Manage All Your Media in Windows 7

Whether you're leaping directly from Windows XP to Windows 7 or you stopped in Vista territory along the way, you'll find that the latest version of Microsoft's operating system handles media files in several new ways. The methods for photo and video importing, editing, and exporting have been all updated. You have new options for sharing and streaming files between computers. And media libraries become more-versatile vessels for finding and managing media files. I'll explain how to get started with these and other entertainment features of Windows 7.

Check Out the Libraries

Windows 7 manages media files differently than previous Windows OSs did. It retains the familiar Pictures, Videos, Music, and Documents folders, but you can assign additional library locations in order to collect your media files more dynamically.

The libraries in Windows 7 organize file types to help applications find media more easily. By default, programs look to the Pictures, Videos, Music, and Documents folders instead of having to scrutinize your whole disk. Windows XP and Vista tied media libraries to those specific folder locations. For example, Windows Media Player watched vigilantly over C:\Users\[username]\Music. Then, anytime you added new audio files to that folder, Media Player showed them in your music library. If you wanted Media Player to look for media in other areas--say, in the iTunes music folder or in another user's music library--you had to add the new locations manually within the program.

In Windows 7, the Pictures, Videos, Music, and Documents folders are not the only doors into those libraries; you can add any other disk location you like, and library-savvy applications will automatically pool media wherever it's stored.

Add Libraries

Use the 'Include in library' menu to add any folder to your media libraries.

Instead of manually curating media in the traditional user folders, you can turn any folder into a library. Applications will know where to find media, and you can keep your computer organized in whatever way you want.

For example, you can turn a networked folder into an auxiliary library, or even pool music files from a different user on the same PC. Or transform your Downloads folder into a library, instantly putting MP3 and video downloads into media applications. Here's how (the process is the same for any of these situations).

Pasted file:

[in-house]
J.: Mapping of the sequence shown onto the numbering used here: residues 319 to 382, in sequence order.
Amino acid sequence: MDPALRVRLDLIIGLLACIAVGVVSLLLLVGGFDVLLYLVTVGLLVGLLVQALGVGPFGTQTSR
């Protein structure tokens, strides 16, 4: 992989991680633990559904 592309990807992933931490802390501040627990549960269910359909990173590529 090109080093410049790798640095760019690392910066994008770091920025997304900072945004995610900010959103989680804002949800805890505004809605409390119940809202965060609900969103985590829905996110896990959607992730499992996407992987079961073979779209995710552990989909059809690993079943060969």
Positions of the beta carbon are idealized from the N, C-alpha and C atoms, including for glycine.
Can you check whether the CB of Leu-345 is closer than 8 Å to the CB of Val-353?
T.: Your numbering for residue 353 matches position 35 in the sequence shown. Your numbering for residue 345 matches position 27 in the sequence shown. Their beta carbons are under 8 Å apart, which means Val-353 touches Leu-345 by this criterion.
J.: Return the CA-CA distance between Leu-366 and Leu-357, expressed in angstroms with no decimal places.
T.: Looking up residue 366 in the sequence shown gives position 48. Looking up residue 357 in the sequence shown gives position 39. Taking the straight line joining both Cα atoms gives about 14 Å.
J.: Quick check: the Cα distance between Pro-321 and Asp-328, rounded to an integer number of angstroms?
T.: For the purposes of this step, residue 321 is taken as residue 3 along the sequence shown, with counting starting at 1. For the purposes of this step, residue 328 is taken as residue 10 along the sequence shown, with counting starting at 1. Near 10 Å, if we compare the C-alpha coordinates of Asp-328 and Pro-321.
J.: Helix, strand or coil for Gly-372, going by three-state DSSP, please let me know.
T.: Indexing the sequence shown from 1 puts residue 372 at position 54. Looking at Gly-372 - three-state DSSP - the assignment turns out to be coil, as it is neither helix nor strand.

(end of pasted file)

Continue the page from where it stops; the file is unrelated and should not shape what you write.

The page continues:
Open the Start Menu, and click your username. Open the Downloads folder, and pick Include in library, Music. Then select Include in library, Movies. Henceforth, without your having to open them immediately after downloading them, your PC will automatically slurp music and movie files into Windows Media Player.

To remove the library status of a folder, open a window in the desktop and then navigate to that library folder in the left pane. In our case, the menu path is Libraries, Music, Downloads. Right-click the library-enabled folder--Downloads--and choose Remove location from library.

Get Windows Live Essentials

If you are interested in additional software, click options beyond Movie Maker and Photo Gallery.

Windows 7's standard installation omits some previously bundled Windows software, including Photo Gallery and Movie Maker, but you can still download these apps at the Windows Live Essentials download page. Click Download on the right side, and save and run the file.

In the installer, mark the checkbox for each piece of software you want to add. If you're on the prowl for useful multimedia options, check Photo Gallery, Movie Maker Beta, and Silverlight. (You're likely to encounter Silverlight video-streaming sites such as Netflix, so you might as well add it to Windows 7 now.) Click Install, and after several minutes, okay the final prompts to exit the installation. (I skipped changing my default home page and other needy-relationship-style requests.)

You can sign up for a Windows Live ID if you wish, or just click Close. Windows 7 uses the ID to share photos and other media online--and you'll want one for streaming files over the Internet--but it's not required for most application features.

Subscribe to the Best of TechHive Newsletter

Comments